Sound quality
The switch in my studio is largely dedicated to the audio system but it’s necessary to have the PC hooked up to it in order to manage files on two music servers, a Melco N1-A and Innuos Zenith SE, and there’s also a wireless access point in the form of an Apple Airport Express, so the switch can have up to six connections when you include the router and streamer. The latter can be directly connected to a server but for the purpose of this review I had everything go through the X-TC. The first comparison was going from an English Electric 8Switch to the Ansuz (at over four times the price) and this unsurprisingly favoured the latter quite dramatically. The main benefit is the sense of ease that it brings to the sound, it doesn’t make it lush or overly smooth it just takes away the grain and edginess that you take from granted with digital sources and produces a sound that is very close to good analogue in its effortlessness. Timing is also particularly good, the 8Switch is strong in this respect but not this strong, here there is a sense that notes have more time to open up and reveal the richness of timbre, the shape and tonal colour that makes them unique. Importantly this is done without losing any sense of speed or attack.

Radiohead’s Decks Dark (Moon Shaped Pool) is a favourite test track but it has rarely sounded so good with lovely bass weight and beautiful backing vocals and distinct changes in reverb character that are rarely audible. I really enjoyed the way that tracks open up in the X-TC’s hands, the Weather Station’s Thirty was one such where the sound seemed to grow wings and take flight before the band comes in and the drum kit in particular sounds so real it’s uncanny, but my notes keep referring to the groove which is addictive regardless of what’s being played. Another very appealing characteristic of the system with the Ansuz inline is that you can play at higher volume levels without any sense of hardness creeping in as is so often the case with digital systems, this again reflects a reduction in low level noise.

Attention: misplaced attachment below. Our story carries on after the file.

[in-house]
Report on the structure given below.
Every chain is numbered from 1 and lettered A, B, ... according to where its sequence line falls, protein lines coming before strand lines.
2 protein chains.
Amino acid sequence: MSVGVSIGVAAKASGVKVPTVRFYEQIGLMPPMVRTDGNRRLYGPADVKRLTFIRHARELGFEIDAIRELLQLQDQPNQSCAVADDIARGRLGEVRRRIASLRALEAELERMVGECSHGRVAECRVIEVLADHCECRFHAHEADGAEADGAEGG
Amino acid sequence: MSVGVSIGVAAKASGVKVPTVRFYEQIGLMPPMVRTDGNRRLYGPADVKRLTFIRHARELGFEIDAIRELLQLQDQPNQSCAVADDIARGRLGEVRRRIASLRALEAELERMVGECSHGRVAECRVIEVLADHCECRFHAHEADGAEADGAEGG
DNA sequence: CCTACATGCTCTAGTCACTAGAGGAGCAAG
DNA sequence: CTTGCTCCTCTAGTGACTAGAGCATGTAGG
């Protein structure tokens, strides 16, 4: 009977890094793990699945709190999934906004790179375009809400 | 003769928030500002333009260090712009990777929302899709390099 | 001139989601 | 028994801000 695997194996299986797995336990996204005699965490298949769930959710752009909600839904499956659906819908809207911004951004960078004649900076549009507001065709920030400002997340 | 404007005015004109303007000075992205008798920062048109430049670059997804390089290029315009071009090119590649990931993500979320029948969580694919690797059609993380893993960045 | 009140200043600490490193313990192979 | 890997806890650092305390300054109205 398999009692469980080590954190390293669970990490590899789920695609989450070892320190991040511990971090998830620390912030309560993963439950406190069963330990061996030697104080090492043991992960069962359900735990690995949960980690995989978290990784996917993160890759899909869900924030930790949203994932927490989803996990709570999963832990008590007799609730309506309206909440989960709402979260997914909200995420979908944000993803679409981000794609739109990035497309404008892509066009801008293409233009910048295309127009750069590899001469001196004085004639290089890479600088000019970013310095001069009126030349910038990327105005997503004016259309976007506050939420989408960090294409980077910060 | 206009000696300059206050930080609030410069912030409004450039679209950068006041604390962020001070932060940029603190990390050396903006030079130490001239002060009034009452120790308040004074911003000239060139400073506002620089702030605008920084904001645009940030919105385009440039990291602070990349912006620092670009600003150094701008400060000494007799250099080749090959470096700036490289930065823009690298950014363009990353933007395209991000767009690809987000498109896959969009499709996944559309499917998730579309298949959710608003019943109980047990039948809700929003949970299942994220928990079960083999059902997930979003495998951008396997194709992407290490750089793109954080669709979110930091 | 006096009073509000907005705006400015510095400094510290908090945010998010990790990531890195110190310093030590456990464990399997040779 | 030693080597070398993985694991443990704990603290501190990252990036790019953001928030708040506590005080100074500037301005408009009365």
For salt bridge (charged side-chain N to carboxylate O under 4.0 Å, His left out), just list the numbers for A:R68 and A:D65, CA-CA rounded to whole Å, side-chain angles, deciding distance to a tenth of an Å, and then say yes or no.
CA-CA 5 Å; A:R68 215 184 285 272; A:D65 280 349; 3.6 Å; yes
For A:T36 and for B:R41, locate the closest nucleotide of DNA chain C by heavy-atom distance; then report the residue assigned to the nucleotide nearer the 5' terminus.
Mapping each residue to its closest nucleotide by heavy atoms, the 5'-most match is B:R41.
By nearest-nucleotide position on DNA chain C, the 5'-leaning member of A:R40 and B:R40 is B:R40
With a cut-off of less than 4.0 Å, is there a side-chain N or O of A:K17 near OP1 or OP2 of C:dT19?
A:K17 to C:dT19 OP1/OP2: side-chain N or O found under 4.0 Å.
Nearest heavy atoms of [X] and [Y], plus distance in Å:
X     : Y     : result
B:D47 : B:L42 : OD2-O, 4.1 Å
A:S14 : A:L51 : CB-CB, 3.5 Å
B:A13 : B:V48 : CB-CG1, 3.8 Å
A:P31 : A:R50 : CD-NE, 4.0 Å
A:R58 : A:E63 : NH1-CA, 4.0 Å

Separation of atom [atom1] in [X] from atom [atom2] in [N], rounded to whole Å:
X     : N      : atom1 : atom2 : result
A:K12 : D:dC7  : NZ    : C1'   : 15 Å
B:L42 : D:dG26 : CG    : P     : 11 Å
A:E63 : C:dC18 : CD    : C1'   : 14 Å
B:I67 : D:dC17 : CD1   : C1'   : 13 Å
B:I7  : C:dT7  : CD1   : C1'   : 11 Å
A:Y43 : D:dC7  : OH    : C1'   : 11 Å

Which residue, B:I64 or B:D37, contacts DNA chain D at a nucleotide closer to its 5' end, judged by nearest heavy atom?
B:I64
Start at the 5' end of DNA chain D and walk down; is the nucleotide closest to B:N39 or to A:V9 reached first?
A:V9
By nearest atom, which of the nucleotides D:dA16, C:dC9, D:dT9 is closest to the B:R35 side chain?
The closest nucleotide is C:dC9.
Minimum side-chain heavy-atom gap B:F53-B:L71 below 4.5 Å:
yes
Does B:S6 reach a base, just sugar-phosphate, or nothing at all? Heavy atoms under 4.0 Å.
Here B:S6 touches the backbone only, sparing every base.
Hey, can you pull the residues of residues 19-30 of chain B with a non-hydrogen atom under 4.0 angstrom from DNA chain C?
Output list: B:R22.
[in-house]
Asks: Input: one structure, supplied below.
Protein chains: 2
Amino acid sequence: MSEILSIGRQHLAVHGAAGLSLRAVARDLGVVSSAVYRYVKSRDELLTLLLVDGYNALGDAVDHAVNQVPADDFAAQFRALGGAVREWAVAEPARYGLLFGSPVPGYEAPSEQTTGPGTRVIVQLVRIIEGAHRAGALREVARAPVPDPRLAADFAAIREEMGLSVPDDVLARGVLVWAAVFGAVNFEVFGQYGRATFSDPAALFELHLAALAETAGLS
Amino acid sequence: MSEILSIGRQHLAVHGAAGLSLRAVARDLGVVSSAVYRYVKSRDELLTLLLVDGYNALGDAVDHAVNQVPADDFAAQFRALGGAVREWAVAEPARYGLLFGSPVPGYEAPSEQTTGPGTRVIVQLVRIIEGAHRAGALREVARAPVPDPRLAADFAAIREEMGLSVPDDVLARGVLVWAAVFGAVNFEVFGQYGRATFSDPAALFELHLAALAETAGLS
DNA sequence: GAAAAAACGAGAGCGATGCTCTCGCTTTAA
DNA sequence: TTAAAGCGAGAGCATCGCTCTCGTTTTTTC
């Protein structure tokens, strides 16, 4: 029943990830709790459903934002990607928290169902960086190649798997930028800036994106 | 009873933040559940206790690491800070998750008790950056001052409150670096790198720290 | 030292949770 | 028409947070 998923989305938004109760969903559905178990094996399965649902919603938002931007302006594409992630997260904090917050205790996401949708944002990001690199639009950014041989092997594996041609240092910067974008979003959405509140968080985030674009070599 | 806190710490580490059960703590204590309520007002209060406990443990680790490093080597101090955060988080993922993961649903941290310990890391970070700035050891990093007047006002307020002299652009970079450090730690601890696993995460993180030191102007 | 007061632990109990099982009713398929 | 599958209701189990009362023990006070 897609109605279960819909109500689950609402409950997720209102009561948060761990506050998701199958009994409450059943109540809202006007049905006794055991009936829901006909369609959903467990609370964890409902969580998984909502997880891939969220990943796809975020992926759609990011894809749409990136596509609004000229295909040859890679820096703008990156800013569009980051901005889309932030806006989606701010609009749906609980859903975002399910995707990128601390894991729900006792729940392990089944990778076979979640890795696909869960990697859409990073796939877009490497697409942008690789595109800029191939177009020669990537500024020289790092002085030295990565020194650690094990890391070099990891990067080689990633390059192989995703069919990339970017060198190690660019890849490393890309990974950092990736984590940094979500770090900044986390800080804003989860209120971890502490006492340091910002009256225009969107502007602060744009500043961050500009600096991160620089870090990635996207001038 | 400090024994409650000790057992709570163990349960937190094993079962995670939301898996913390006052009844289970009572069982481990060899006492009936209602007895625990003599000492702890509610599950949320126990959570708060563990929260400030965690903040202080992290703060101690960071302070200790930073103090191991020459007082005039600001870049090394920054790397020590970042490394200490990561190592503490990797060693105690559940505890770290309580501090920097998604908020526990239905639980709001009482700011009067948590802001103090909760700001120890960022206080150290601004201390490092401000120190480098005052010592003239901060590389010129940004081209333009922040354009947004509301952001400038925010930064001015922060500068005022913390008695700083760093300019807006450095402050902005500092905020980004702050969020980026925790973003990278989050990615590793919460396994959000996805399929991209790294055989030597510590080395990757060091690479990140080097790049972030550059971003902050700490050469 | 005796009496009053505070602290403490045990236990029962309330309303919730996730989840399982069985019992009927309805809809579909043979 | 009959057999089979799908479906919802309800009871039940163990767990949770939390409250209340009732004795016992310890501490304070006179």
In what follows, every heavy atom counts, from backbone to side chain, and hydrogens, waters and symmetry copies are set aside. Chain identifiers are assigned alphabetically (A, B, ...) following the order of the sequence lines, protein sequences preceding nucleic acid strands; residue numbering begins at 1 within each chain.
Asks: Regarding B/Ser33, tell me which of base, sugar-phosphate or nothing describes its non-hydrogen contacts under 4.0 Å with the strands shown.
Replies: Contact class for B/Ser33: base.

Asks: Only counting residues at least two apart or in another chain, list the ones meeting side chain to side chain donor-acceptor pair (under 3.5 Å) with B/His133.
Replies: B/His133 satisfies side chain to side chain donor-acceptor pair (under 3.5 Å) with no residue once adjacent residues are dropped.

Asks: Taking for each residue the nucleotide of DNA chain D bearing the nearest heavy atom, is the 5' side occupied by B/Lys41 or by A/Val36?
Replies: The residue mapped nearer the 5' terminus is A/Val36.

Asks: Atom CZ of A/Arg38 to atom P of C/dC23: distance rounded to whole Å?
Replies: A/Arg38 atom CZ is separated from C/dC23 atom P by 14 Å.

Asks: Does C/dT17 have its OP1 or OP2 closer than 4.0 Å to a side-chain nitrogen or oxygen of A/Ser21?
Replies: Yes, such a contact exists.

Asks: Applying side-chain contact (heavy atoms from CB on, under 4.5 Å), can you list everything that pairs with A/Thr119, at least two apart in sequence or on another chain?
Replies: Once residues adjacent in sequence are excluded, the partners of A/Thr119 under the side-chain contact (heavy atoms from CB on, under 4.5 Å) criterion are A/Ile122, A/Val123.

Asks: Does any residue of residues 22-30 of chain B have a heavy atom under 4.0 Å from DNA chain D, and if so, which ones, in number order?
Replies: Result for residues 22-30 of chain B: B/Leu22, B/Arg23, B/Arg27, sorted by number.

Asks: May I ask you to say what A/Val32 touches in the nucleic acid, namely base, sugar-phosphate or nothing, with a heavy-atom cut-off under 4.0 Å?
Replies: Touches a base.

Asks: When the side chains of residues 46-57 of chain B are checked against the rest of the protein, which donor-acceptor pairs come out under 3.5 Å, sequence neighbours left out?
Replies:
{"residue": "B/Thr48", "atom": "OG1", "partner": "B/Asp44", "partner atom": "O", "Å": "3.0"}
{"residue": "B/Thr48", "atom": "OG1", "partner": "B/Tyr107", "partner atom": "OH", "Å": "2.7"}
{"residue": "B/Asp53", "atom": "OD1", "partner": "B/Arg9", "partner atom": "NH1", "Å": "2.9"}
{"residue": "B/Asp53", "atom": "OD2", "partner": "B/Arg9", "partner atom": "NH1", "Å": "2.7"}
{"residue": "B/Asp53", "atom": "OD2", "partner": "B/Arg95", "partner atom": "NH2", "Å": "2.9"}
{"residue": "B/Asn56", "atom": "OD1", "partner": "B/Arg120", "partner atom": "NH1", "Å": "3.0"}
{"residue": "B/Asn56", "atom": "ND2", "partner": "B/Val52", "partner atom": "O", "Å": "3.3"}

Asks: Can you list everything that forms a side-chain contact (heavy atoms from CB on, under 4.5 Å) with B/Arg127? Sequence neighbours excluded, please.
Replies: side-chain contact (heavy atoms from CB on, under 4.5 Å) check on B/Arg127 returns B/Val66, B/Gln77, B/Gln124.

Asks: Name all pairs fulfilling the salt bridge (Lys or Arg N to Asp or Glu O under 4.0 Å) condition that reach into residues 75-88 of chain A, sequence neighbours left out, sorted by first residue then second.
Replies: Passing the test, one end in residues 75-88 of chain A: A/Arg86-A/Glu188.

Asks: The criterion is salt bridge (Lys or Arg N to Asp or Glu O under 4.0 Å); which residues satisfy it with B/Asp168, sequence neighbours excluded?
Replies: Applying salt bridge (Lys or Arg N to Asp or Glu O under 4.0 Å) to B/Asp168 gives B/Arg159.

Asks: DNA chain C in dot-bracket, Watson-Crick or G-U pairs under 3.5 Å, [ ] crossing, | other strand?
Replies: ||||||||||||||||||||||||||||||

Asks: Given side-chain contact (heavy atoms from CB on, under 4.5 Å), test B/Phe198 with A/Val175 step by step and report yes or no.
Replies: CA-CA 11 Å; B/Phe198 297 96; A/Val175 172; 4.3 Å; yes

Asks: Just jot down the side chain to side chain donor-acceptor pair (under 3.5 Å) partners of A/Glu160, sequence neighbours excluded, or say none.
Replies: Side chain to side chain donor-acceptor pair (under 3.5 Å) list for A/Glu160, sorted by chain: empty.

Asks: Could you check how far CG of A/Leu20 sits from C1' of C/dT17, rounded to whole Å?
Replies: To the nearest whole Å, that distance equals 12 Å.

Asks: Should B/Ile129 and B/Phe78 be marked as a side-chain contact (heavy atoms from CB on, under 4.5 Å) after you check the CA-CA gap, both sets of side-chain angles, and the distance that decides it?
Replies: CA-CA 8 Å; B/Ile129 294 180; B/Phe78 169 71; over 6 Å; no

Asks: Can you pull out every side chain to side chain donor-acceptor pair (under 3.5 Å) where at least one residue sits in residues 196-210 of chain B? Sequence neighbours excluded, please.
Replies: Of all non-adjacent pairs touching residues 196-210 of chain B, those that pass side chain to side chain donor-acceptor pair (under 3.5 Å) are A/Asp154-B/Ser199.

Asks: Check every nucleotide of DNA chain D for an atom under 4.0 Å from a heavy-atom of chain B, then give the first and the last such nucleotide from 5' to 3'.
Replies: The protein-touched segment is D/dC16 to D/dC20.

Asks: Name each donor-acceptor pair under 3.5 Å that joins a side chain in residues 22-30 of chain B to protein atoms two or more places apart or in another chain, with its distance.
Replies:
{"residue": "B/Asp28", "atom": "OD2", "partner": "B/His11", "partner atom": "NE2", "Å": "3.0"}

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I really enjoyed the solidity of stereo image on a number of tracks but the often thin sounding of All I Want from Joni Mitchell’s Blue really hit the spot, giving a much stronger sense of the musician being in the room than usual. I didn’t have the Melco S100 network switch to contrast with the Ansuz which is a pity as they are a similar price, but my recollections of the Melco are that it’s a little sweeter and more tonally rich while the Ansuz seems a bit more neutral. Both share a sense of ease and increase the enjoyability of streamed music significantly, which works best in your system will probably depend on your tastes and the nature of the speakers. If you strive for maximum transparency I suspect the Ansuz will have the upper hand.

I contrasted it with a well regarded commercial switch, a Cisco 2960, and this got surprisingly close to the timing skills of the Ansuz but couldn’t approach the transparency that its low noise allows, the Cisco sounding crude by comparison. I made the mistake of leaving the Ansuz in the system for several weeks and got far too used to its relaxed yet totally engaging delivery. Even with the ethernet connection direct from server to streamer the fact that it keeps noise out of the network means it makes everything better, even when the signal is not passing through it. Going back to the alternatives on hand is going to take some getting used to and I might have to see what Ansuz can do in the way of a deal. That this is the base model in the range is something of a concern, it makes as much difference as any other key component in my streaming system, so what are the ‘bigger’ ones capable of?